Tord Gustavsen Quartet – Extended Circle
(ECM Records 376 0239. CD Review by Adrian Pallant)
It’s now some ten years since Norwegian pianist Tord Gustavsen’s ECM debut which began with a trilogy of trio releases (Changing Places, The Ground and Being There). 2009′s Restored, Returned appeared to divide opinion as Gustavsen augmented to an ensemble, with saxophonist Tore Brunberg and Kristin Asbjørnsen’s intruiging vocalisations of W H Auden’s words, which then evolved into the first quartet recording, 2012′s The Well.
So to this sixth and latest release, Extended Circle, featuring that same four-piece line-up – Gustavsen on piano with Tore Brunborg (tenor saxophone), Mats Eilertsen (double bass) and Jarle Vespestad (drums) – in an outing which, whilst familiar, seeks to further push the creative possibilities. It’s safe to acknowledge that Gustavsen’s sound is like no other… clear, spacial, reverential, often wistful, yet mostly radiating a dignified calmness; and frequently there are subtle spiritual references (linking to the leader’s roots in church music) which imply the meditative stillness of cathedral vespers. But perhaps it is the introduction of Tore Brunborg’s tenor to the fold that has allowed Gustavsen’s original vision to break new ground. Referencing the album title, he describes his current band as “a creative circle or community – pulsating through communal experience, but also through whatever the individual musicians do outside this circle and bring back to the collective. We want to move in creative circles or spirals, coming back to musical and spiritual issues from ever-new angles.”
Right There introduces the album in classic Gustavsen piano trio mode… simple, sustained and quietly melodic – no surprises. But following is a bustling arrangement of a Norwegian hymn tune which the pianist says he has been playing all his life – Eg Veit I Himmerik Ei Borg (A Castle in Heaven). In proverbial swan-like style, Tord’s piano lines somehow manage to gracefully flow over an otherwise turbulent undercurrent of bass and drums, the piece then opening out further with the introduction of Brunborg’s tenor whose climbing, reaching vibrato style here is not unlike Garbarek’s. Resulting from concert sound-check exploration, it’s a welcome ‘extended circle’ shift. The spontaneous extemporisations of Entrance, plus a later variation, are another indication of change (although it’s familiar territory for bassist Mats Eilertsen). And whilst there is an evident freedom in these two improvised miniatures, the quartet are still able to share and communicate beauty from within its loose structure.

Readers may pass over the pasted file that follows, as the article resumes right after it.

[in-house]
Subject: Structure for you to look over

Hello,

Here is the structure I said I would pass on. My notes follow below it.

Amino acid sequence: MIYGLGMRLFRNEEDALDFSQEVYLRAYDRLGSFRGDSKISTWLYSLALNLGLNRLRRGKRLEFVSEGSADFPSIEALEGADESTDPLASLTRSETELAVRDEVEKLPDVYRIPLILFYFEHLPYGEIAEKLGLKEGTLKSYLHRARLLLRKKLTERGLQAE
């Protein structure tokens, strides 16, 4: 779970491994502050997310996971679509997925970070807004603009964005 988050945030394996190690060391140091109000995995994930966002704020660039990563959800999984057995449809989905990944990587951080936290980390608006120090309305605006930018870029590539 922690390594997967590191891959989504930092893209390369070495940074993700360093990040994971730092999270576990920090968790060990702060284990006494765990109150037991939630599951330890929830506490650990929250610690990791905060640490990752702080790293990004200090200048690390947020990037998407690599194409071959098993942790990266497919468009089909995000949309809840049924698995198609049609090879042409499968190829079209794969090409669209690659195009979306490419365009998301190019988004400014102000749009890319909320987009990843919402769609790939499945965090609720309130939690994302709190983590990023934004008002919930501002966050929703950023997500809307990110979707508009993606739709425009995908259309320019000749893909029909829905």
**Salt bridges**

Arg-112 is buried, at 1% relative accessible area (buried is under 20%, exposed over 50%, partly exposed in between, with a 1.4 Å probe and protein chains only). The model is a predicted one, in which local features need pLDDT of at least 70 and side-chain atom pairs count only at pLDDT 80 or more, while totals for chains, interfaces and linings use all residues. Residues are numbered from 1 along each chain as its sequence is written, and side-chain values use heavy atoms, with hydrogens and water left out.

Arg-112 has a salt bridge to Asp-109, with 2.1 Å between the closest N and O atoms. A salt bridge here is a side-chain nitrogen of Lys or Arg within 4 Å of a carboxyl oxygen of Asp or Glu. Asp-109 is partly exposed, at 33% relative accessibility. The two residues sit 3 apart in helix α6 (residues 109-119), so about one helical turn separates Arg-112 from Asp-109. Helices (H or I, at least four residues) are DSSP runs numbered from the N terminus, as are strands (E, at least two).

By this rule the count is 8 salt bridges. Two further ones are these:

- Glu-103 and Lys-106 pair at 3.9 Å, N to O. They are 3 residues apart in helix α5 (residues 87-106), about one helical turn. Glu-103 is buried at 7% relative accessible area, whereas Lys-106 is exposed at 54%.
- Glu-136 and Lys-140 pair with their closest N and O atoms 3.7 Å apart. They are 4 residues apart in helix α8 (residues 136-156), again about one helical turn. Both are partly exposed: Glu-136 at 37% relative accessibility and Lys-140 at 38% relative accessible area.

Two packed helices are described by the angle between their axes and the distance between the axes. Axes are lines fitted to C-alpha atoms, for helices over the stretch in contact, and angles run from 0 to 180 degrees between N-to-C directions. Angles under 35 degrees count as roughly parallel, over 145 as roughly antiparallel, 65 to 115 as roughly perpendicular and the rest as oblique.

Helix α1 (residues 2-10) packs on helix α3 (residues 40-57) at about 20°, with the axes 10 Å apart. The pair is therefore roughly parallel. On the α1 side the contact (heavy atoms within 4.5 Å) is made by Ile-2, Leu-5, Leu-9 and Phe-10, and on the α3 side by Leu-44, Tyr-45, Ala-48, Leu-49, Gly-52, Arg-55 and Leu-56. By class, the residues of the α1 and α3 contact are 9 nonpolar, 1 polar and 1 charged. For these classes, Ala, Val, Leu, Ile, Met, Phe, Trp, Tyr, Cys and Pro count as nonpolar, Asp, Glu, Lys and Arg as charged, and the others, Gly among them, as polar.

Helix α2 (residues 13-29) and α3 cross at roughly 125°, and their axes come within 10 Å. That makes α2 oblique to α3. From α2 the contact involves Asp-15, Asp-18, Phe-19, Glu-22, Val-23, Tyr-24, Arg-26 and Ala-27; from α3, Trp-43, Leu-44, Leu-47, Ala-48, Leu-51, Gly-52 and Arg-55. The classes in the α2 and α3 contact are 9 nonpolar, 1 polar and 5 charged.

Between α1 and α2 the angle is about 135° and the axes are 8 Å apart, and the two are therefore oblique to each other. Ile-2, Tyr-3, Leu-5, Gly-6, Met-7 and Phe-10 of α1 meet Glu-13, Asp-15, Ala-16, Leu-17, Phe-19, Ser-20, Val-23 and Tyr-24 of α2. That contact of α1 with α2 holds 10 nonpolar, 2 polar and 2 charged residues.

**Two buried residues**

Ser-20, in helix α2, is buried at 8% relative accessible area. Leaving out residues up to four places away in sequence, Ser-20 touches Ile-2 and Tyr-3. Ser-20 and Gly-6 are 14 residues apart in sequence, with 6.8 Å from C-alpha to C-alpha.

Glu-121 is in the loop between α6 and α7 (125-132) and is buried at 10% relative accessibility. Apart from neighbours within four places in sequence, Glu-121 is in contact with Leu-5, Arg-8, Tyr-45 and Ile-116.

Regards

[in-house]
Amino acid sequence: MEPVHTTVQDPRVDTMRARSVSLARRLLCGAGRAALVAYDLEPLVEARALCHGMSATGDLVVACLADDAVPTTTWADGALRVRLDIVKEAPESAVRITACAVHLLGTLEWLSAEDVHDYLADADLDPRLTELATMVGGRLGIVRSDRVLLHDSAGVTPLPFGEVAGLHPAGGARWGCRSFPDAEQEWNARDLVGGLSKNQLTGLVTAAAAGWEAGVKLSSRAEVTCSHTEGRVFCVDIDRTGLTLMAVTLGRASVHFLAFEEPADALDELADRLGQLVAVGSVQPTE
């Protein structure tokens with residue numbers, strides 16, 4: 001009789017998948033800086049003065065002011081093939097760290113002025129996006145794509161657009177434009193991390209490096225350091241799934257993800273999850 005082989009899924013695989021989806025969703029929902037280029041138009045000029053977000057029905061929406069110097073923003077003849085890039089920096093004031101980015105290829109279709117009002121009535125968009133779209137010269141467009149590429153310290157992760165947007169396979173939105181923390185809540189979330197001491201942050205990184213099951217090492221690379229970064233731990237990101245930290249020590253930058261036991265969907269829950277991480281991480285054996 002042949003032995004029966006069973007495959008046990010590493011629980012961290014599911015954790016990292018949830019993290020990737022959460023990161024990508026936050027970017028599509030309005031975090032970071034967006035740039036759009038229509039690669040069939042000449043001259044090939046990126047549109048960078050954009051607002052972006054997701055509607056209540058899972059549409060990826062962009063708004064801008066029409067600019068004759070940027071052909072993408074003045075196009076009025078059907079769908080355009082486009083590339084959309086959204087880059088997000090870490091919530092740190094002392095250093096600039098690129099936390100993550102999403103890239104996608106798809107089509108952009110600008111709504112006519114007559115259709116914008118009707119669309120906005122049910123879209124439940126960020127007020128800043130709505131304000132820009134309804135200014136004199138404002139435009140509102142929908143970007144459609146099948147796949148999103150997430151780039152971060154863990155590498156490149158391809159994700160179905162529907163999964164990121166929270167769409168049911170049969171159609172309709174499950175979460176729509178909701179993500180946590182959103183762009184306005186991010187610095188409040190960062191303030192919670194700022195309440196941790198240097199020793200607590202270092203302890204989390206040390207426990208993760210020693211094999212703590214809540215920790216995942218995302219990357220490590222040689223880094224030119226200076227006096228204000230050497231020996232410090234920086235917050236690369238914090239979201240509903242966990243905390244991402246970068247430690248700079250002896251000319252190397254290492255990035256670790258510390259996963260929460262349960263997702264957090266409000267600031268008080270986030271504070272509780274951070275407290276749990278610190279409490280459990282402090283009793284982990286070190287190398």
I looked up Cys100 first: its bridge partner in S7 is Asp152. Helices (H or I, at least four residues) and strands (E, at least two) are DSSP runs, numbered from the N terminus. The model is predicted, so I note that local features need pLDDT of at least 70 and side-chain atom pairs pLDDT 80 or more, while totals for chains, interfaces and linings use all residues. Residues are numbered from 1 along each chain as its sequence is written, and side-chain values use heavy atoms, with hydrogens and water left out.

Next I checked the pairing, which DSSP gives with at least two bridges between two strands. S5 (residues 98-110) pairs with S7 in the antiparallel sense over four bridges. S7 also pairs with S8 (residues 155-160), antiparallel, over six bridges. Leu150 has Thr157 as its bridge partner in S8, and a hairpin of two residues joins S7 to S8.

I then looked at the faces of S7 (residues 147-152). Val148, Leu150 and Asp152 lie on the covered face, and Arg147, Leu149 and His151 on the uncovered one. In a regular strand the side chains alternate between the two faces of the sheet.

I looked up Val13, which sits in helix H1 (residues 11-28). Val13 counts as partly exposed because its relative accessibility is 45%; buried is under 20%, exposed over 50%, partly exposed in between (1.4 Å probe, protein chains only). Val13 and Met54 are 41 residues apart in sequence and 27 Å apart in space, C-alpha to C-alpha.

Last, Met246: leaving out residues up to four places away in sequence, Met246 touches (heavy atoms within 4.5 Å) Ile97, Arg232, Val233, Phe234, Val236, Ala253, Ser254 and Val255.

A reminder of why many of us fell in love with Tord Gustavsen’s restrained piano is to be found in The Gift, as each of the trio players eloquently and loftily balance their contribution with each other. With Eilertsen’s delicately-placed Bachian octaves sounding for all the world like those of MJQ’s Ray Brown, and with Tord’s characteristic acciaccaturas, its simply a pleasure to unashamedly wallow in its completeness. Brunborg shares with Gustavsen the buoyant melodies of pleasant bluesy, gospel-tinged Staying There, before the lucid solo piano allure of Silent Spaces somehow elevates to a still higher plane. And, adapted from a liturgical mass for choir composed by Tord Gustavsen, the quartet’s Devotion reveals an engaging passage from darkness to light, culminating in Brunborg’s affirming tenor alleluias – beautiful imagery.
In an unusually bright and breezy major key, The Embrace glints with Brunborg’s joyous tenor improvisations… though with an unsettled, unresolved close. Then Eilertsen’s typically melodious bass transition leads to two final tracks – Glow, Vespestad’s precise snare and cymbal momentum supporting sax, piano and bass in their searching lines; and The Prodigal Song, an amiable trio conclusion whose artistry deserves to be examined closely.
At this stage in his musical journey, and with this current line-up, Tord Gustavsen continues to transfix with contemplative sound, space and emotion (touring the UK from 7-16 March 2014). Exquisitely recorded and packaged by ECM.
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